Monday, May 13, 2013

Burlington solar project offers power, publicity

A familiar landmark on Burlington's riverfront soon will draw its power from the sun.
The Hawk Eye reports ( ) the city's renewable energy and conservation advisory committee has a plan to install solar panels on the Port of Burlington, a $9,487 project that could move forward as soon as next month.
"We're basically trying to find some ways to put energy efficiency and renewable energy into the public eye," said committee chairman Jerry Parks.
The committee receives about $5,000 a year from the city to pursue various projects. It plans to pay for 10 solar panels with $5,000 of its own funds, $1,837 in rebates and $2,650 from an Alliant Energy Bright Ideas grant, which will pay for a display monitor that will be installed inside the port.
The 3-by-5-foot, 240-watt panels will be installed on the west side of the port's roof to produce power, which will be patched into the general electrical grid.
"If the building is using energy, the solar panels would help supply it, and if there was a low demand from the building, the remainder would be measured and applied against the electric bill," states the city's resolution, which the council passed Monday.
Parks said the committee considered a variety of energy-efficient strategies before settling on solar panels. Other ideas included installing light tubes in city buildings, a renewable energy informational kiosk at the welcome center and a wind turbine demonstration along the riverfront.
"After all the discussion, we finally thought that solar panels on the port building on the west side would be a very high-visibility location, and lots of people would see it and get familiar with it," he said.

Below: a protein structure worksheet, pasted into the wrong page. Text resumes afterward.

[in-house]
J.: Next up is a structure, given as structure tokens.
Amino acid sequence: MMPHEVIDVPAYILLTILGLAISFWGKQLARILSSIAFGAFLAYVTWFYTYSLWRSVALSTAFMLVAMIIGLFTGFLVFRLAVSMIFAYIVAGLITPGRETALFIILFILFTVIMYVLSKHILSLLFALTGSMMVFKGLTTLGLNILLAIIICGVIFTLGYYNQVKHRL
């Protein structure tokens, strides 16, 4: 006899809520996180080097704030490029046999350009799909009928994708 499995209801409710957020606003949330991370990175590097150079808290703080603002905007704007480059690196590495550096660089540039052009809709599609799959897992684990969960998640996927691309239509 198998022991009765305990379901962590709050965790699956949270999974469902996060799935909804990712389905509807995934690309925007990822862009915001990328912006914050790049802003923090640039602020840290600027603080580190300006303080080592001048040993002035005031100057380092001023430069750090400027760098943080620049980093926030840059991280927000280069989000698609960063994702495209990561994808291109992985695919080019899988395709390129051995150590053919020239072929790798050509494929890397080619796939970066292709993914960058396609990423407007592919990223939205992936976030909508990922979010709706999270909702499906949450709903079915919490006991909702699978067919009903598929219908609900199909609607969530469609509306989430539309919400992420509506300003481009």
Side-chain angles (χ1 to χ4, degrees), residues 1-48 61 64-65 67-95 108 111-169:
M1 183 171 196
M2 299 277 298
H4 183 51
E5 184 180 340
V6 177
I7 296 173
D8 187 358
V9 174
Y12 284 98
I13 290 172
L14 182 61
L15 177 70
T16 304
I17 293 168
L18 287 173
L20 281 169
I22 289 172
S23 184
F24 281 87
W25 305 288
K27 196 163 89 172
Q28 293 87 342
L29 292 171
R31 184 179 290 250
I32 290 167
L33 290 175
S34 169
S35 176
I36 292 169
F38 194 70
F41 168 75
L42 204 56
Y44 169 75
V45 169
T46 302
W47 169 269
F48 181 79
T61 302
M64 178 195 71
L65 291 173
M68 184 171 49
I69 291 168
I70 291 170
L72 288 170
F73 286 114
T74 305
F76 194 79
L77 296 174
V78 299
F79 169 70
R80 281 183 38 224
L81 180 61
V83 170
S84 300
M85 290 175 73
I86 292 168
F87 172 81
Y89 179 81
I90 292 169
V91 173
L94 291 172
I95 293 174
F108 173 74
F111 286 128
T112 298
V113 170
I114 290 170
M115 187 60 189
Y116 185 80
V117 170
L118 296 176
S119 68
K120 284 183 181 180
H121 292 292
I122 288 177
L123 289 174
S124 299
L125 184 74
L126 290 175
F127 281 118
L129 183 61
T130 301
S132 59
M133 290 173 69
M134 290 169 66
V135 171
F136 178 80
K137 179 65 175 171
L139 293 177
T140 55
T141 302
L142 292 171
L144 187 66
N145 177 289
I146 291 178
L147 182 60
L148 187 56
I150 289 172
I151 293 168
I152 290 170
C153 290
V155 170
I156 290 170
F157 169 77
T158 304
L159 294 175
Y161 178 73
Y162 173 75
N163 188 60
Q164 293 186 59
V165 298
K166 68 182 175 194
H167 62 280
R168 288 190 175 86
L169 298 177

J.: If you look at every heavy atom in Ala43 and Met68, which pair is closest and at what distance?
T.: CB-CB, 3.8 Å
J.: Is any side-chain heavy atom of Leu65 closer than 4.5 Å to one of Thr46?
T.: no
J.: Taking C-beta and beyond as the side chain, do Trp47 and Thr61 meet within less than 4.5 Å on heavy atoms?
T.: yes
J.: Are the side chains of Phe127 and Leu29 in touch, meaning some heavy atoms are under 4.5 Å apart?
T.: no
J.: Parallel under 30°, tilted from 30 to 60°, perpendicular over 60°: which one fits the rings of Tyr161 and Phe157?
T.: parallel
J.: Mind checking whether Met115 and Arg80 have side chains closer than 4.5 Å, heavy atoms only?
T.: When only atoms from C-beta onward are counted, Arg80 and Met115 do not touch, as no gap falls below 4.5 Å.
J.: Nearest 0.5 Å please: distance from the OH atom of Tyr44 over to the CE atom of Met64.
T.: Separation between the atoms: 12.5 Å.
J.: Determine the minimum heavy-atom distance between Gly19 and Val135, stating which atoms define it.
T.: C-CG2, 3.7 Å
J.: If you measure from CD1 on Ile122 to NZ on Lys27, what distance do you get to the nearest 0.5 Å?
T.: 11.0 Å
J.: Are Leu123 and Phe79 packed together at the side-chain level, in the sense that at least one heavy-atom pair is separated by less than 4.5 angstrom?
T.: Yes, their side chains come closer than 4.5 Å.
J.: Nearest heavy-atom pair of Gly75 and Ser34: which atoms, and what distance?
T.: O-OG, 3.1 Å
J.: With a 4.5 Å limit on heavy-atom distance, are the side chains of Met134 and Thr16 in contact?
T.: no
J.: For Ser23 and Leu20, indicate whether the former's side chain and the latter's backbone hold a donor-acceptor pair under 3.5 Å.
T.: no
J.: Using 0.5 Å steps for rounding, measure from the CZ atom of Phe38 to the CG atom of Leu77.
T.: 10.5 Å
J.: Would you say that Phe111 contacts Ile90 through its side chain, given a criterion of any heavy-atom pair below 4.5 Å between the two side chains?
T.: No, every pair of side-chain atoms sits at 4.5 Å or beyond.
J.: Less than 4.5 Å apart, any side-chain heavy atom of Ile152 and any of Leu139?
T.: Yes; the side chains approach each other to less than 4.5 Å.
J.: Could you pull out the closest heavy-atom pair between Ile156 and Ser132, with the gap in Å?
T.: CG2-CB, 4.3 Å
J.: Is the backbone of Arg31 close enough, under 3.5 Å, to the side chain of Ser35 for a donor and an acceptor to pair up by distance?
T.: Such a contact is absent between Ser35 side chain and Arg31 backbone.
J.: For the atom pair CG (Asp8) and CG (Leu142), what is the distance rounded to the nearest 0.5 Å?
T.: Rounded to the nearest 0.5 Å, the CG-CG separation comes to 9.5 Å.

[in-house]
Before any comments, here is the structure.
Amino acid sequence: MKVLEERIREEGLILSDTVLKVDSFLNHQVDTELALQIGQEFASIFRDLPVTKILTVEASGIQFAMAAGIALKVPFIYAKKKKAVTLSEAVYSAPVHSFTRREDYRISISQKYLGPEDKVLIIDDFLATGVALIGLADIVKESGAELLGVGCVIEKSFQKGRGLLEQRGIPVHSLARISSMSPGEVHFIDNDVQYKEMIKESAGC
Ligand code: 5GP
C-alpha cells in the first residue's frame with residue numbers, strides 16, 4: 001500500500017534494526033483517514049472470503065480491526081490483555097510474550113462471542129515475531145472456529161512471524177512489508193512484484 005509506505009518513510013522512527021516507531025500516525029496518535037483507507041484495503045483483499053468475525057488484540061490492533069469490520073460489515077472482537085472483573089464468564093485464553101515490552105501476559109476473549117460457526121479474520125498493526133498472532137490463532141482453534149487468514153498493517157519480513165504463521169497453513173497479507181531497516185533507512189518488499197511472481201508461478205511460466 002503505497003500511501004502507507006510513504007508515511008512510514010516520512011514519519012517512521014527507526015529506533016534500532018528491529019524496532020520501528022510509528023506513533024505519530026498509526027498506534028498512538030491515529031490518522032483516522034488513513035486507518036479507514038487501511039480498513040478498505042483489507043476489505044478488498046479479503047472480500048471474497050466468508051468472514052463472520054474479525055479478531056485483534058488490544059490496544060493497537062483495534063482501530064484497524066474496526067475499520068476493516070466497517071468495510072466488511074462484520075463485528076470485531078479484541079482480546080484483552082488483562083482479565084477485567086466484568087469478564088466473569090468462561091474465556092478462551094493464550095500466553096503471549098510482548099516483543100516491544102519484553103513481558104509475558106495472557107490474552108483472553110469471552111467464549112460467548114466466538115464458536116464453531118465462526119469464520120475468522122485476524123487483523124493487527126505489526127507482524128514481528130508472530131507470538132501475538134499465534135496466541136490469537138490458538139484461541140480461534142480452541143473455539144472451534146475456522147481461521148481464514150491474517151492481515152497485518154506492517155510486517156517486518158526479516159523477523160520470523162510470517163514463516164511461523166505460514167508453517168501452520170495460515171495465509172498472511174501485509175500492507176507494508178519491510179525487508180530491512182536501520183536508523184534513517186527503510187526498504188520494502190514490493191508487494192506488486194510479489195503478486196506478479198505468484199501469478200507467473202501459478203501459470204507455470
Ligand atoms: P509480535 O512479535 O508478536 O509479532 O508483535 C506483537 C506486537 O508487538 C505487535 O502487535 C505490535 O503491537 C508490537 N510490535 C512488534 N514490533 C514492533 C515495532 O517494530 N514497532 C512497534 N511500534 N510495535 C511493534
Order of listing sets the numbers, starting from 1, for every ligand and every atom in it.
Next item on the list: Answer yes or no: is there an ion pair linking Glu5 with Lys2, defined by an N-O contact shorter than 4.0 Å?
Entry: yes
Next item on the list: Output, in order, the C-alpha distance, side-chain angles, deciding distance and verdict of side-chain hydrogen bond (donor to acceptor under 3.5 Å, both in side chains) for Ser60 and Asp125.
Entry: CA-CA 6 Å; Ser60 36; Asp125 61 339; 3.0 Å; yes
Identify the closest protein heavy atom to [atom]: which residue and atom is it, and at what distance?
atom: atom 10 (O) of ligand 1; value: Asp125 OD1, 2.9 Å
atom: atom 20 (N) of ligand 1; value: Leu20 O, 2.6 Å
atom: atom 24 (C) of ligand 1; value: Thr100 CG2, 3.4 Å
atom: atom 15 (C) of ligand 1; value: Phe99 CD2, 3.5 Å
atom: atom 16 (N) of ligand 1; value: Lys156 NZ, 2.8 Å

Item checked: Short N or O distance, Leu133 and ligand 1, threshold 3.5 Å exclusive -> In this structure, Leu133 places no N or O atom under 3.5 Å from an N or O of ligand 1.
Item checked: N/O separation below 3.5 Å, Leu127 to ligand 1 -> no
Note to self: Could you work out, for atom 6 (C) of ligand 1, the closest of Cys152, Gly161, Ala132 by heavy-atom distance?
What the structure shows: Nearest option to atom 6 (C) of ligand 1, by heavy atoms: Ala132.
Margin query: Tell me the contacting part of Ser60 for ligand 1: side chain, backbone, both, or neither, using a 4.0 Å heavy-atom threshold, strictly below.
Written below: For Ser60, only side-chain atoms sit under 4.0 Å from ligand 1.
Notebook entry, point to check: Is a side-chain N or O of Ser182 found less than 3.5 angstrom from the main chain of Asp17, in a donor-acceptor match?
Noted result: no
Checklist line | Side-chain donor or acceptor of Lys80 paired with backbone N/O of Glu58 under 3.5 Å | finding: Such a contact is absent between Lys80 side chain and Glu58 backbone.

The emphasis of the project is educating the public about how solar energy works.
Parks said the port wasn't the city's only option.
"We did talk about a lot of different places," he said. "For city hall, it might provide power up there but be invisible. And we definitely want to have people be able to see it going on."
The average American household uses 11,280 kilowatt hours of electricity a year, or 940 kilowatt hours per month, according to the U.S. Energy Information Administration.
Depending on the season and the amount of daylight available, a 240-watt solar panel can generate electricity at a rate of about 216 kilowatt hours a year, according to a website run by the United Kingdom-based company Midsummer Energy.
In the Burlington plan, with 10 solar panels, that's about 2,160 kilowatt hours a year. The output will fluctuate daily, depending on the weather and other factors.
Parks hopes the project will begin in June.
Among other projects Parks said the committee is considering includes installing energy-efficient insulation in the next local Habitat for Humanity home. Another proposed future project involves charging stations for electric cars.
"The committee advertised to businesses that are members of the chamber, that we would give a rebate of $1,000 and up to 50 percent of the cost of installing a charging station at any business in town," Parks said, adding the offer would be limited to the first five applicants.
Little progress has been made on the committee's pet project, a proposed hydroelectric power plant on Lock & Dam 18, he said.
The $86 million project calls for the installation of 24 "very low head" turbines along the lock and dam. Energy output generated by the plant would be enough to power 7,100 homes, according Klingner & Associates.
  • Canada-based company Coastal Hydropower Corp. has offered to pay for the project, although Parks' committee still is waiting to hear whether Burlington has hydropower in its future.